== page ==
Cornwallis again GovernorGeneral His Death and Tomb
The Earl of Minto GovernorGeneral Tragic Story of Lakshman the Robber Comonah Expedition
The Dissensions at Madras Mutiny of the Army Its Causes and Conclusion
The Earl of Moira GovernorGeneral The Nepaulese
War with the Ghoorkas Valour and Success of Ochterlony Operations of General Wood Conquest
Intrigues of the Ghoorkas Cutch Subdued Opposition of the Hindoos to Taxation The Siege

Overige edities - Alles weergeven

Veelvoorkomende woorden en zinsdelen

Populaire passages

Pagina 43 - Ugolino told in the sea of everlasting ice, after he had wiped his bloody lips on the scalp of his murderer, approaches the horrors which were recounted by the few survivors of that night. They cried for mercy. They strove to burst the door. Holwell who, even in that extremity, retained some presence of mind, offered large bribes to the gaolers.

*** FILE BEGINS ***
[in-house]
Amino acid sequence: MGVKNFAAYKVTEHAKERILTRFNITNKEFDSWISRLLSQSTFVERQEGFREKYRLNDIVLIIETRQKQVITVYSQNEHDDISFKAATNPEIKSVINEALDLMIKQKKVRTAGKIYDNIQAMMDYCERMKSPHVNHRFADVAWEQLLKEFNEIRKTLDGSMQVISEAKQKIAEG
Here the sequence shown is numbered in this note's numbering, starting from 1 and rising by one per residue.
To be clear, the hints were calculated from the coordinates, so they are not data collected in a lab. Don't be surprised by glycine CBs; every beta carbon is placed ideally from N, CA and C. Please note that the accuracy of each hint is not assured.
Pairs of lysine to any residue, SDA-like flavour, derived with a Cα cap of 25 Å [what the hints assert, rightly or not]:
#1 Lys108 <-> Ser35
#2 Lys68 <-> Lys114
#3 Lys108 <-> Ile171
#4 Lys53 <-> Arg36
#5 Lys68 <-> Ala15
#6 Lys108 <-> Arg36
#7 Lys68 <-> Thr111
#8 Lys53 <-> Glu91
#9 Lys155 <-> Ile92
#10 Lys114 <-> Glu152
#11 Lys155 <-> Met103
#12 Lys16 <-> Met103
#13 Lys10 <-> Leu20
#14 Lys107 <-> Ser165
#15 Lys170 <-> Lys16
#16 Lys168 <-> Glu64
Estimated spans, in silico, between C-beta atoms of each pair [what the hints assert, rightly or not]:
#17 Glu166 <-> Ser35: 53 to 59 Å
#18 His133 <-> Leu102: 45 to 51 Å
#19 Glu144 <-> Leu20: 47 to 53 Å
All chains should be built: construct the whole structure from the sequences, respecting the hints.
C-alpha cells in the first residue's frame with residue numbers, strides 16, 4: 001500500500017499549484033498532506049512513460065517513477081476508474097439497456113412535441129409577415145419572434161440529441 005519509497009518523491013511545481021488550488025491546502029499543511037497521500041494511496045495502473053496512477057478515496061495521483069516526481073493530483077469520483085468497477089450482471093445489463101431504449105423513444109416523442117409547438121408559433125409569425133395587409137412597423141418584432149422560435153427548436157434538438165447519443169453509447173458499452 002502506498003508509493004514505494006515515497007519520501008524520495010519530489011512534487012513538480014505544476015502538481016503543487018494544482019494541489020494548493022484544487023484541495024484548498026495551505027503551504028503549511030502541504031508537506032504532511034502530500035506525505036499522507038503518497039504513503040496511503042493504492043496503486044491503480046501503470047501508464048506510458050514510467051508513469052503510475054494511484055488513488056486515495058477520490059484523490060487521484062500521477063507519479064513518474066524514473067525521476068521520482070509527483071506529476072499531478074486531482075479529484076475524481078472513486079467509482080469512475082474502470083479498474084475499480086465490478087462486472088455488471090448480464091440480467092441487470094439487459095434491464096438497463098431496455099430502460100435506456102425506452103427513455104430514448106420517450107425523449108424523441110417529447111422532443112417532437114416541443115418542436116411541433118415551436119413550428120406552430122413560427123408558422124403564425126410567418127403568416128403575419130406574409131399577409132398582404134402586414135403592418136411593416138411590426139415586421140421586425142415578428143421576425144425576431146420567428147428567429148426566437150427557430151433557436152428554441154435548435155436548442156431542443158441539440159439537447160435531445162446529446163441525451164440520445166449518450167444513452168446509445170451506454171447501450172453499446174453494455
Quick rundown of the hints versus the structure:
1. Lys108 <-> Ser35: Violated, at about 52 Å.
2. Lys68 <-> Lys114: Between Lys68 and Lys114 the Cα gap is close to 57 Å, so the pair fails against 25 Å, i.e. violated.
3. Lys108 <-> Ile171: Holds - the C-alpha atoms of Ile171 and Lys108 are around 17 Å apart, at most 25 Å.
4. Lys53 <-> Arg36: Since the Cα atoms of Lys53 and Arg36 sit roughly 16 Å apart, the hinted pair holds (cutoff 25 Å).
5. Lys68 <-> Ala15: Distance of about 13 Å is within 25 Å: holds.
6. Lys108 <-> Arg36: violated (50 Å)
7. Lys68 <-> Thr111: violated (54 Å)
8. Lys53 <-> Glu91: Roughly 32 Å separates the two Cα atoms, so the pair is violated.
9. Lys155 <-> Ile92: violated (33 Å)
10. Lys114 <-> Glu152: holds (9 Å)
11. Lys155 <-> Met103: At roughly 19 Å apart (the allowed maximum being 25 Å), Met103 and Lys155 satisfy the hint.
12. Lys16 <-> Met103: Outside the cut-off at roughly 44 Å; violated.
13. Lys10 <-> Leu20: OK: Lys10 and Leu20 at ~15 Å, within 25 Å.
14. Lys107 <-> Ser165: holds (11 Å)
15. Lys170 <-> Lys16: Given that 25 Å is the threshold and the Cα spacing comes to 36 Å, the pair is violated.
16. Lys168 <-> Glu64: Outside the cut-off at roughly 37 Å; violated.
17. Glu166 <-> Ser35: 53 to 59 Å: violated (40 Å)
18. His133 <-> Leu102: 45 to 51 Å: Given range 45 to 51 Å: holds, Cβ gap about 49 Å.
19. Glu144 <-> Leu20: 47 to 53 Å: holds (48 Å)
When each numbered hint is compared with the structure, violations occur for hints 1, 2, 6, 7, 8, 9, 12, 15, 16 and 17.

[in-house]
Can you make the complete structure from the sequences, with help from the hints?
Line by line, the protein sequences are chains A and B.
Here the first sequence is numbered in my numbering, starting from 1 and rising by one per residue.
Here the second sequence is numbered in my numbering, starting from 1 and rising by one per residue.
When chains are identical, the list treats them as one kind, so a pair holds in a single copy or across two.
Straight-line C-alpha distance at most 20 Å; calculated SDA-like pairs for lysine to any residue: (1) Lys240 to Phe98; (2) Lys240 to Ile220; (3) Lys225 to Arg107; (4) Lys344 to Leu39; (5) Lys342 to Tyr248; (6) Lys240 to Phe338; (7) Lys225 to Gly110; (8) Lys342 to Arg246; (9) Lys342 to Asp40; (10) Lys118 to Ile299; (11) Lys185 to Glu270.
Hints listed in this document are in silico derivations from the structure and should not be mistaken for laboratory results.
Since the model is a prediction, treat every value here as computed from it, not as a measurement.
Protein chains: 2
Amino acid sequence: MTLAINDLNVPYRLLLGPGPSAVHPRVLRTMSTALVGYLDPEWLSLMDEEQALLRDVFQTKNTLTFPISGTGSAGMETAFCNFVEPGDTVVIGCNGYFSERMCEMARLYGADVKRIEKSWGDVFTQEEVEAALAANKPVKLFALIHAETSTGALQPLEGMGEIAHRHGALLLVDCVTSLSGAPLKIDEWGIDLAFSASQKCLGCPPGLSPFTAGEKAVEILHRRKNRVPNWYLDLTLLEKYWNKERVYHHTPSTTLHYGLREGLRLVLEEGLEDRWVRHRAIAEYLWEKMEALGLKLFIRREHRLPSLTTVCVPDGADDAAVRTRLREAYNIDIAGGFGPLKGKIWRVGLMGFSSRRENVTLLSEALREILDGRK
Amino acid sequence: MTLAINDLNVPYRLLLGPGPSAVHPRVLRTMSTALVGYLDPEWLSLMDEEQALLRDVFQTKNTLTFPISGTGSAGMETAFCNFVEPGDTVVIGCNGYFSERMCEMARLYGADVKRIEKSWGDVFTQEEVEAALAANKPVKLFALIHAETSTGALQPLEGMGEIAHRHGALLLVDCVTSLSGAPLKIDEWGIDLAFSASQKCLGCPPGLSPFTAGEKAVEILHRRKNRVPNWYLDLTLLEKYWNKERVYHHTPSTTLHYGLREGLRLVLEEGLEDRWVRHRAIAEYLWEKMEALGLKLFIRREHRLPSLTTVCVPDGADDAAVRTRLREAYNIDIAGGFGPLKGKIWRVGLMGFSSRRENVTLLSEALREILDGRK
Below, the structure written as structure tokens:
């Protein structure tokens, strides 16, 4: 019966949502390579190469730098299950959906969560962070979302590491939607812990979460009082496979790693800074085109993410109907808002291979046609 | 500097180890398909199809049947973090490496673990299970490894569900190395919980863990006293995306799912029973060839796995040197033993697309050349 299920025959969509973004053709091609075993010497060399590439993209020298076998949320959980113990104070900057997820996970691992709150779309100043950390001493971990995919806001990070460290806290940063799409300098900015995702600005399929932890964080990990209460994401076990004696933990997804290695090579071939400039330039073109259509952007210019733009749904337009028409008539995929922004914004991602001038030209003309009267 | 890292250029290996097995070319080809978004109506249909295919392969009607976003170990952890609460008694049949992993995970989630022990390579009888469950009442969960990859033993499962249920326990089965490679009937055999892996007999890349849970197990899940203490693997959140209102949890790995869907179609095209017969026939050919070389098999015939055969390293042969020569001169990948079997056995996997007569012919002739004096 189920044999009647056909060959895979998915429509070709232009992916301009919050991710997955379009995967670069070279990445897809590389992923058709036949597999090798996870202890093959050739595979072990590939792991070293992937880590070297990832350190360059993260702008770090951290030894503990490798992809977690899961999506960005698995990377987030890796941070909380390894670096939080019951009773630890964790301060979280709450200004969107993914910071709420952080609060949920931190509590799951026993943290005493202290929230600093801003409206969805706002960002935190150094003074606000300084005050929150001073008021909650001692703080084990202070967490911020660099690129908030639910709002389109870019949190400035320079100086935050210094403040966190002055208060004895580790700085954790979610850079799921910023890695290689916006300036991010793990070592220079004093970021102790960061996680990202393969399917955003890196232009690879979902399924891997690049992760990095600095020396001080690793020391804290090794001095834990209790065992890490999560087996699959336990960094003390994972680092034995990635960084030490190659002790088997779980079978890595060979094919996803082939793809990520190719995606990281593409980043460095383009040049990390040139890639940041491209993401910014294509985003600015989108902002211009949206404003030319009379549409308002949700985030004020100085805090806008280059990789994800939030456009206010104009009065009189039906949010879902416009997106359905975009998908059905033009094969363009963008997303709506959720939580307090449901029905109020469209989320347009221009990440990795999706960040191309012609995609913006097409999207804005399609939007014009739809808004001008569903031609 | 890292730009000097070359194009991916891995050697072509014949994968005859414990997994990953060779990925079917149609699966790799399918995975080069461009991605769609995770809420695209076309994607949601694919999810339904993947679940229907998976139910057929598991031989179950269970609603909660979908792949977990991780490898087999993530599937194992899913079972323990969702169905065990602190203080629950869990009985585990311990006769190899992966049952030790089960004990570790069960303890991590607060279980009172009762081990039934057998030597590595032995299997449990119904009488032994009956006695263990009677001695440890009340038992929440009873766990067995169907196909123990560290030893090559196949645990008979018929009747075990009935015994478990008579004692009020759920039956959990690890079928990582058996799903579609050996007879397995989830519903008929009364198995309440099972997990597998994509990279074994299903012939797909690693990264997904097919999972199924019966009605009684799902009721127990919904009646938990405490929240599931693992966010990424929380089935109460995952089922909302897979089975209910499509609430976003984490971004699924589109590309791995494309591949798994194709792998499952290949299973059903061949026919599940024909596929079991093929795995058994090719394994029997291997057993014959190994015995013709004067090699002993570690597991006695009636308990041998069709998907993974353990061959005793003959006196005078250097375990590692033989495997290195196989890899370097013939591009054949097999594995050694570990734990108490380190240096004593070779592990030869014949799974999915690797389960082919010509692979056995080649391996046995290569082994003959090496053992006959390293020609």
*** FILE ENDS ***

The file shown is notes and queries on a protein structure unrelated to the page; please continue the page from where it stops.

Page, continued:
Pagina 206 - A storm of universal fire blasted every field, consumed every house, destroyed every temple. The miserable inhabitants flying from their flaming villages in part were slaughtered ; others, without regard to sex, to age, to the respect of rank, or sacredness of function ; fathers torn from children, husbands from wives, enveloped in a whirlwind of cavalry, and amidst the goading spears of drivers, and the trampling of pursuing horses, were swept into captivity in an unknown and hostile land. Those...